South Africa: Additional disclosure requirements for trusts
Additional disclosure requirements for trusts have been introduced following South Africa’s placement on the so-called “grey list”
Additional disclosure requirements for trusts
Additional disclosure requirements for trusts have been introduced following South Africa’s placement on the so-called “grey list” by the Financial Action Task Force (FATF).
In order to be removed from the FATF grey list, South Africa will need to demonstrate that competent authorities have timely access to accurate and up-to-date beneficial ownership information on legal persons and arrangements and are applying sanctions for breaches of violations by legal persons to beneficial ownership obligations. To that end, the following additional disclosure requirements for trusts have been introduced:
- Effective 1 April 2023, trustees must lodge and keep up-to-date records of the beneficial ownership of the trusts. This includes information pertaining to direct/indirect individual beneficiaries of bewind trusts, the founders, trustees, beneficiaries and any individuals who exercise effective control of any trust. Failure to comply with these requirements may result in a penalty of up to R10 million and/or five years’ imprisonment, and additional sanctions by the Master of the High Court.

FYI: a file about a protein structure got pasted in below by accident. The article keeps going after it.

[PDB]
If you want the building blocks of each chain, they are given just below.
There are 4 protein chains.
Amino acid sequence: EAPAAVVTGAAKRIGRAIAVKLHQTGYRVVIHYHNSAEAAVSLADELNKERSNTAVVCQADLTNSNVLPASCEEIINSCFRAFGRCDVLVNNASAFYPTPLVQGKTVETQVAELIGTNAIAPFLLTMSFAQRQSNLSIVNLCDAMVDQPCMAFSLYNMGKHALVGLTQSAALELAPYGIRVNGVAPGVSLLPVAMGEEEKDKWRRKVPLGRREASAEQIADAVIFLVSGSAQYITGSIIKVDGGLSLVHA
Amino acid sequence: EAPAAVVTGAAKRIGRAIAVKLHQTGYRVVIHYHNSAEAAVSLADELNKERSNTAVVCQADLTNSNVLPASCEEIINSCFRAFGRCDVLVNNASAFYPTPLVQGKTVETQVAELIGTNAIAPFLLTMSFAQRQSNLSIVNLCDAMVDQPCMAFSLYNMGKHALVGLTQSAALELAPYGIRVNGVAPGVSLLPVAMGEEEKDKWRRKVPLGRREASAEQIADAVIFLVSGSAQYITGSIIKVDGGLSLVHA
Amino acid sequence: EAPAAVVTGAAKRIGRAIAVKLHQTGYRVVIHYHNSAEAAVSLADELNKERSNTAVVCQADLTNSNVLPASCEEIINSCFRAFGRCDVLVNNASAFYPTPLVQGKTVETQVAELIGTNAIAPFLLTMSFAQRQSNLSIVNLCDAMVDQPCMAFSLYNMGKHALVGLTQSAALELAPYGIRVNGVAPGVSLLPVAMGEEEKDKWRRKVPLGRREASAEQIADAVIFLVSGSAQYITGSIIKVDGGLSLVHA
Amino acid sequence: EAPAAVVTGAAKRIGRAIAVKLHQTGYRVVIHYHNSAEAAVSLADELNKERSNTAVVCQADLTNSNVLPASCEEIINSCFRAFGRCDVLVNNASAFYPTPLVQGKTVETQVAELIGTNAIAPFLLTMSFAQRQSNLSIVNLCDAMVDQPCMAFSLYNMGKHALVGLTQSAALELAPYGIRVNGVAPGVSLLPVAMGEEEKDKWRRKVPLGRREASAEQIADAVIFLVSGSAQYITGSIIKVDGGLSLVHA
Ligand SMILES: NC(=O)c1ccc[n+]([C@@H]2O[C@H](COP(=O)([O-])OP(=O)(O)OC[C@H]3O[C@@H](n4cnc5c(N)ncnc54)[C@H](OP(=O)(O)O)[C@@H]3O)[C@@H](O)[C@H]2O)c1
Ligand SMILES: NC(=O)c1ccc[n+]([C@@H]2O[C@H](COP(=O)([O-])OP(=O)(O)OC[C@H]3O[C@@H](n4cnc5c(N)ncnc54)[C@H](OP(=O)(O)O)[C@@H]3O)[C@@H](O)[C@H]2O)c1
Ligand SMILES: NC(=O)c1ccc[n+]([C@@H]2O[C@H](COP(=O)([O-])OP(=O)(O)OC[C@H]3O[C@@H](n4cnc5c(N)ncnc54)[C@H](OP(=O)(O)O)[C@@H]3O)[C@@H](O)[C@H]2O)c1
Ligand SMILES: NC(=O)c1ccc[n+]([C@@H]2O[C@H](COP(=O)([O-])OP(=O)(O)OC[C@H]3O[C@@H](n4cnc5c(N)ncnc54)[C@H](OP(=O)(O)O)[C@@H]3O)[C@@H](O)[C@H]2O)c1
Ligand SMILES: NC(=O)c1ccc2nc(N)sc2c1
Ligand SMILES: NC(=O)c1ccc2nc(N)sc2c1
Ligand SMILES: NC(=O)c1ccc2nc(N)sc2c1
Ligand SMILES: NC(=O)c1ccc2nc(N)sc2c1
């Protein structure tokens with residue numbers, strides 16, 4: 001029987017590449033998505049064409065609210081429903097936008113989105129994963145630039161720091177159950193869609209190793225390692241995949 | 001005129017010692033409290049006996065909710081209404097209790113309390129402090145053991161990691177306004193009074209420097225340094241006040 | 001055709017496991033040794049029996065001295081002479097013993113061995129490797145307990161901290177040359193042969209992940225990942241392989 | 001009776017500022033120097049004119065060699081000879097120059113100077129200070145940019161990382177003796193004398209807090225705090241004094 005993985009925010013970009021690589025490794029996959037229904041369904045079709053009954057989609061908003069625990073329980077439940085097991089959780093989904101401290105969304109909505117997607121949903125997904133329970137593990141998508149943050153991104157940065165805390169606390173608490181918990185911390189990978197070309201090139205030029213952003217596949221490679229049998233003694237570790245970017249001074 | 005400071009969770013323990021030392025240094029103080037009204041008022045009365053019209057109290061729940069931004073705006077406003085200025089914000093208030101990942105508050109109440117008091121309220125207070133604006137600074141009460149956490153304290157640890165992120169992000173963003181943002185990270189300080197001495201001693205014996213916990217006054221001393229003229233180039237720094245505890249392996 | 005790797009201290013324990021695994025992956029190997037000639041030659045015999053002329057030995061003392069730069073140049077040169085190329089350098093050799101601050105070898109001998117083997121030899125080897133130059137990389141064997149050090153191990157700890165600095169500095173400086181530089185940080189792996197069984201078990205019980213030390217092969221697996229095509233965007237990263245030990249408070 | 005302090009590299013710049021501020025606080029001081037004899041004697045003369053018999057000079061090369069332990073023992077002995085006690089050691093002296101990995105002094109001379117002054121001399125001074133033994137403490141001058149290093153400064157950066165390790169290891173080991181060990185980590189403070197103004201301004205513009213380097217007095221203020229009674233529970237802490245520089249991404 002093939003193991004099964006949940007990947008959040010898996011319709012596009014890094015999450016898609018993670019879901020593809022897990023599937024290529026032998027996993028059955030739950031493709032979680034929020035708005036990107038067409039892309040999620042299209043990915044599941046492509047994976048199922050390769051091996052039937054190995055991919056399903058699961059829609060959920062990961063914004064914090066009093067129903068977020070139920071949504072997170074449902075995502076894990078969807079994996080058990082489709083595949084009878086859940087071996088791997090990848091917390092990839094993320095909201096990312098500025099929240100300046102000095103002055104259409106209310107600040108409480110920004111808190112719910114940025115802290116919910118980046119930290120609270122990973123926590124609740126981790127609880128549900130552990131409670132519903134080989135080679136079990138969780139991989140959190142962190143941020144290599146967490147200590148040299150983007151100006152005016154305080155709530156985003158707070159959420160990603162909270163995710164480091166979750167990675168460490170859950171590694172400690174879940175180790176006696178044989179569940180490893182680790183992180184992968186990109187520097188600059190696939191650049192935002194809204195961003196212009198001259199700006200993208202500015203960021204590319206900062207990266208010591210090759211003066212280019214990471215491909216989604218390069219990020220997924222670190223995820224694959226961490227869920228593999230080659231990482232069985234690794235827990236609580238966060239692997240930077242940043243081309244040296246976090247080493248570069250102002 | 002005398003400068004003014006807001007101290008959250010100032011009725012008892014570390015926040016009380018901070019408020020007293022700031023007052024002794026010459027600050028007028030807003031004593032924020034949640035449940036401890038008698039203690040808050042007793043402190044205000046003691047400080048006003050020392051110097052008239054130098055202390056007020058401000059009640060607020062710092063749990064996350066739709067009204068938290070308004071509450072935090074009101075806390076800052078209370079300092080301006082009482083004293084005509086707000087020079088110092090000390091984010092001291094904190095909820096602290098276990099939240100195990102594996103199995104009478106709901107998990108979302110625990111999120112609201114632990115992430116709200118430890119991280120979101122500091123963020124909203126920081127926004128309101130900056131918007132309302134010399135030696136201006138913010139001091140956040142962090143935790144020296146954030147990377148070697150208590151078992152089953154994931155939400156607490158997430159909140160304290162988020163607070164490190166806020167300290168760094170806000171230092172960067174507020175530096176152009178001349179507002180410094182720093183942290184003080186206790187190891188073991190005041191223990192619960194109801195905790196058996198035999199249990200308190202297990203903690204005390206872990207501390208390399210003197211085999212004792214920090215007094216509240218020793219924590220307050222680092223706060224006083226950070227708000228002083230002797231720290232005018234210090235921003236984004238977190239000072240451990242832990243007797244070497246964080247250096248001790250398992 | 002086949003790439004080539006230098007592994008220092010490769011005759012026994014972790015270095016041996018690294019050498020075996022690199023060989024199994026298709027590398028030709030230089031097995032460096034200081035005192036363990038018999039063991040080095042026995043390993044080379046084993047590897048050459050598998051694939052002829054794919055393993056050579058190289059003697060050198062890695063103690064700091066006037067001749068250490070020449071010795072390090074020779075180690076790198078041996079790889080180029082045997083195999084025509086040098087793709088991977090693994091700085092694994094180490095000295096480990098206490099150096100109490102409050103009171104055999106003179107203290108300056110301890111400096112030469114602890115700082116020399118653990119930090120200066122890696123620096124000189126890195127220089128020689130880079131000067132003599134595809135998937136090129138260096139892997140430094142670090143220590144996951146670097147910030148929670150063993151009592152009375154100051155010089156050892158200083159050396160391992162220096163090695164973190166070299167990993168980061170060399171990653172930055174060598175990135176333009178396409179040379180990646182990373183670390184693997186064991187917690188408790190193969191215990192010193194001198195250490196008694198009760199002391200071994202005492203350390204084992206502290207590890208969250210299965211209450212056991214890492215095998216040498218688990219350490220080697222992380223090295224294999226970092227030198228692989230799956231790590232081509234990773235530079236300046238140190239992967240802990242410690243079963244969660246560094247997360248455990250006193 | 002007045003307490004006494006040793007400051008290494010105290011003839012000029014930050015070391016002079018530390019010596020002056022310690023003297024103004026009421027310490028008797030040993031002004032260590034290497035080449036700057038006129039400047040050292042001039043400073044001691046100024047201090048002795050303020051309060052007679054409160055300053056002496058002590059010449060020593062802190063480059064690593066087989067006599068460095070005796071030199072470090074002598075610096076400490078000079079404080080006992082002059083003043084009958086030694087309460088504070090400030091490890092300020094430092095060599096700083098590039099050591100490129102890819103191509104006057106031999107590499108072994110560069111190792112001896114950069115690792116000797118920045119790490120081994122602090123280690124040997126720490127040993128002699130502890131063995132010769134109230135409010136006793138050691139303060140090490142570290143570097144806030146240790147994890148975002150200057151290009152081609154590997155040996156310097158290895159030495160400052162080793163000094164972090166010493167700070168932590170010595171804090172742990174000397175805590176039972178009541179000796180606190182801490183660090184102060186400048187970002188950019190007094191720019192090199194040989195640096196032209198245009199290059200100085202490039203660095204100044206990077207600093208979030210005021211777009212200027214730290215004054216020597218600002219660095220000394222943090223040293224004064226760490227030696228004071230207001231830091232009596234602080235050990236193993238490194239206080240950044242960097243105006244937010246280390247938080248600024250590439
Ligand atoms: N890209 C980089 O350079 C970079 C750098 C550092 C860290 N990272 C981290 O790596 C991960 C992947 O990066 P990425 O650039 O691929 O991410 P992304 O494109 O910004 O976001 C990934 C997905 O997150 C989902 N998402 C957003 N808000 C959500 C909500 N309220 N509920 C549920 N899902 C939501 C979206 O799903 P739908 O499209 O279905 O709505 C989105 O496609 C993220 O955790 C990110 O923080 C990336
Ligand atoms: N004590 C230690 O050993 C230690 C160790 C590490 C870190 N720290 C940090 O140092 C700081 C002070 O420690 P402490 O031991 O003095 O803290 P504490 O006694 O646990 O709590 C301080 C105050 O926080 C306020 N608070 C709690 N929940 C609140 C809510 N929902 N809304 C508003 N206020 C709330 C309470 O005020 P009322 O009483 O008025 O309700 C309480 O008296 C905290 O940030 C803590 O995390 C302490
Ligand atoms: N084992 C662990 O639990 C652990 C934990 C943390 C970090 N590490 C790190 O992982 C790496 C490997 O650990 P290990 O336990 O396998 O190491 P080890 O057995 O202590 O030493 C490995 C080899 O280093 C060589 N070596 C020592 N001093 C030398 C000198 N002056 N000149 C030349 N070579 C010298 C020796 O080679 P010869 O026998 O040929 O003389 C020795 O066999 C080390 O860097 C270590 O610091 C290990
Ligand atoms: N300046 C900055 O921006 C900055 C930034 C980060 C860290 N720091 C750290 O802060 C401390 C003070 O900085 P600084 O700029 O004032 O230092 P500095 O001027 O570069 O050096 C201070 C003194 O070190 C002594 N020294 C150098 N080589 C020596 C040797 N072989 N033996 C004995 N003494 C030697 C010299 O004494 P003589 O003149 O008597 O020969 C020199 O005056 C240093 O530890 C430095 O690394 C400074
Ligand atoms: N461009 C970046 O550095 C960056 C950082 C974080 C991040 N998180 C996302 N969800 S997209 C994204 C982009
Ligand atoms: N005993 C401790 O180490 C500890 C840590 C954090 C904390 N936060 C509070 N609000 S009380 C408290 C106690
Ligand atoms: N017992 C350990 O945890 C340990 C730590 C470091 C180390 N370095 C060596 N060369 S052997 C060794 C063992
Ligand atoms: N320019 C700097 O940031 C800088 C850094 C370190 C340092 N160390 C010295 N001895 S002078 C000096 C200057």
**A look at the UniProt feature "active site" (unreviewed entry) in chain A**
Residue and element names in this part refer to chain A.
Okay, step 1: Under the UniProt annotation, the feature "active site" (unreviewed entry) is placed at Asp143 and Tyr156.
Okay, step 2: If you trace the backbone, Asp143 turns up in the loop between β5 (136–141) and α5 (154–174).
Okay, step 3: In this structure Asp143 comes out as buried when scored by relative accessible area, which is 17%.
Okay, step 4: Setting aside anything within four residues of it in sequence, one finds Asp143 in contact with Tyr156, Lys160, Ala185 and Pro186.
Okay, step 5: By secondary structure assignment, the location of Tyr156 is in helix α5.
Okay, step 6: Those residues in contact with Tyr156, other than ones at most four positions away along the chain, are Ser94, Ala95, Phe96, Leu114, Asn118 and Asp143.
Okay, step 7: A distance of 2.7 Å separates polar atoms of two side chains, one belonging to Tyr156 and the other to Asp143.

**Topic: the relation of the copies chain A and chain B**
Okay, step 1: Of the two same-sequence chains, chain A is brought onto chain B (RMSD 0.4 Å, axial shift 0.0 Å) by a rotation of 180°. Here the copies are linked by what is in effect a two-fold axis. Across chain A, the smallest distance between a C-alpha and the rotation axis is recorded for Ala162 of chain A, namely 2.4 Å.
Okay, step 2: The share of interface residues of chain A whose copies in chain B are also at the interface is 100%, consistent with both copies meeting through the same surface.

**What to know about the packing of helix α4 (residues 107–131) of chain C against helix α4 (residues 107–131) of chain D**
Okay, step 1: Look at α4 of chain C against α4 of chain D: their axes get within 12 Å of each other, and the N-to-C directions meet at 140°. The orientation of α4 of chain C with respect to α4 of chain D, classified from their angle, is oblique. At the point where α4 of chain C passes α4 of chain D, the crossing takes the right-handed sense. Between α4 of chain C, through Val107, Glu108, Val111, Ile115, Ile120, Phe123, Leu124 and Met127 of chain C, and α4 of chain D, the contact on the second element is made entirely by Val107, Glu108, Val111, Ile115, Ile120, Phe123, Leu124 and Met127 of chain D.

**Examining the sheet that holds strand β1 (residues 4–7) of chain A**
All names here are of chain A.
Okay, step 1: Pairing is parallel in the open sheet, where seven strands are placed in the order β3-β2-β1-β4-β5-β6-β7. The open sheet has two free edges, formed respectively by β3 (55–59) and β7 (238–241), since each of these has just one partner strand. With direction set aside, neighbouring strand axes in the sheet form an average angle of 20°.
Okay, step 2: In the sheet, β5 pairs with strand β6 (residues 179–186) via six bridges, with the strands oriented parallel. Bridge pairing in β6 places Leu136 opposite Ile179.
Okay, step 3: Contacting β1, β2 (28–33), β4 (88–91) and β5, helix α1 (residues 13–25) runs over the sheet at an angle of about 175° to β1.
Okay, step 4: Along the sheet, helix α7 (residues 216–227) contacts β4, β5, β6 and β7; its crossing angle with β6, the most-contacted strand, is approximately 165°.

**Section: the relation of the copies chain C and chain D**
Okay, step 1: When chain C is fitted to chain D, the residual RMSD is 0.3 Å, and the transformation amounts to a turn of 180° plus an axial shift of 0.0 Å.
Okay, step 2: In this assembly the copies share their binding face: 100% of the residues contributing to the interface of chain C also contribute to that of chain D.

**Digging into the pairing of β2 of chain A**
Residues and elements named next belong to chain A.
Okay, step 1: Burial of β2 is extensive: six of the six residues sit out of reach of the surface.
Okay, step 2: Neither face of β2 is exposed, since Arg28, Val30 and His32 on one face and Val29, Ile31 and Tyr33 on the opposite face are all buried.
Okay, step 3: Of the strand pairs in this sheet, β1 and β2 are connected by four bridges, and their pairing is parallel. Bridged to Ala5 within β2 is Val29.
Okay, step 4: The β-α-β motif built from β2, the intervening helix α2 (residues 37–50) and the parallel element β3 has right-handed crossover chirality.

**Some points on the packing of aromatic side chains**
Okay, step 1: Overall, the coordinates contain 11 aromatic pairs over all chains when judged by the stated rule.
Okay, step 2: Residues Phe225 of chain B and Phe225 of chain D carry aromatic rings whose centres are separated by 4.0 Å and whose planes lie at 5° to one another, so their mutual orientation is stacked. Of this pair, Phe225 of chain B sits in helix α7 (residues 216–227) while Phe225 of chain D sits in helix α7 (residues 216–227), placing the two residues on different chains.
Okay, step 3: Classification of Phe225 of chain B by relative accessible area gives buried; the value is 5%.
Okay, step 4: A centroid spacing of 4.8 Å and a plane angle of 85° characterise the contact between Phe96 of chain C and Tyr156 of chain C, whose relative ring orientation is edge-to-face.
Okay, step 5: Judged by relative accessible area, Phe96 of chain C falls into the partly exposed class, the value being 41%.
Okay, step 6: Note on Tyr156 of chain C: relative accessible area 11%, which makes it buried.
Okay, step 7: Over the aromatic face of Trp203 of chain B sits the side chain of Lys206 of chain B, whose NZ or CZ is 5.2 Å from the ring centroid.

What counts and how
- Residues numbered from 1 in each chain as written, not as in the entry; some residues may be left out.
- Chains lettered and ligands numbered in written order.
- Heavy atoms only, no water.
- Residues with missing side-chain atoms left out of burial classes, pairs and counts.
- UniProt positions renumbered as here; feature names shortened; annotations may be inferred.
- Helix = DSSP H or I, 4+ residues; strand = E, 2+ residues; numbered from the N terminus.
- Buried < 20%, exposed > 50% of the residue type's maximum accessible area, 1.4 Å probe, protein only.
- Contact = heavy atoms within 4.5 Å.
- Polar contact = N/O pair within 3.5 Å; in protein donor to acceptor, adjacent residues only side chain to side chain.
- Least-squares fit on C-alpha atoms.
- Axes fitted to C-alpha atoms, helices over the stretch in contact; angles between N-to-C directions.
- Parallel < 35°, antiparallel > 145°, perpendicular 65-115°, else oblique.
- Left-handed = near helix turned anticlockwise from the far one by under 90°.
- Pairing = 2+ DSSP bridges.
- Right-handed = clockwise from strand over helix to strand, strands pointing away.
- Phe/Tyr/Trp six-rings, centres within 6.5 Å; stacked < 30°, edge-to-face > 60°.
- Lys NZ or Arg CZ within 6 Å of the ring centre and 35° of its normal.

- Effective 14 February 2023, the South African Revenue Service (SARS) aims to record all beneficial owners of newly registered trusts. According to SARS, the following types of beneficial owners may be found in the trust environment: founders, trustees, beneficiaries, donors and protectors. Further, according to SARS, the ultimate beneficial owner is always a natural person. Thus, where the beneficial owner is identified as a legal entity, legal arrangement or other (e.g. partnership), SARS requires that sufficient detail be provided to clearly identify the ultimate natural person that will benefit from the assets or income of the trust.
- Trustees are now also required to submit third-party (IT3(t)) returns (i.e., to issue tax certificates) in respect of any amount vested in a beneficiary, including net income, capital gains and capital amounts distributed. These returns, containing all prescribed information in respect of the year of assessment of the trust (i.e., the period from 1 March to the end of February), must be submitted by 30 September of the same year.
Read an April 2023 report [PDF 234 KB] prepared by the KPMG member firm in South Africa
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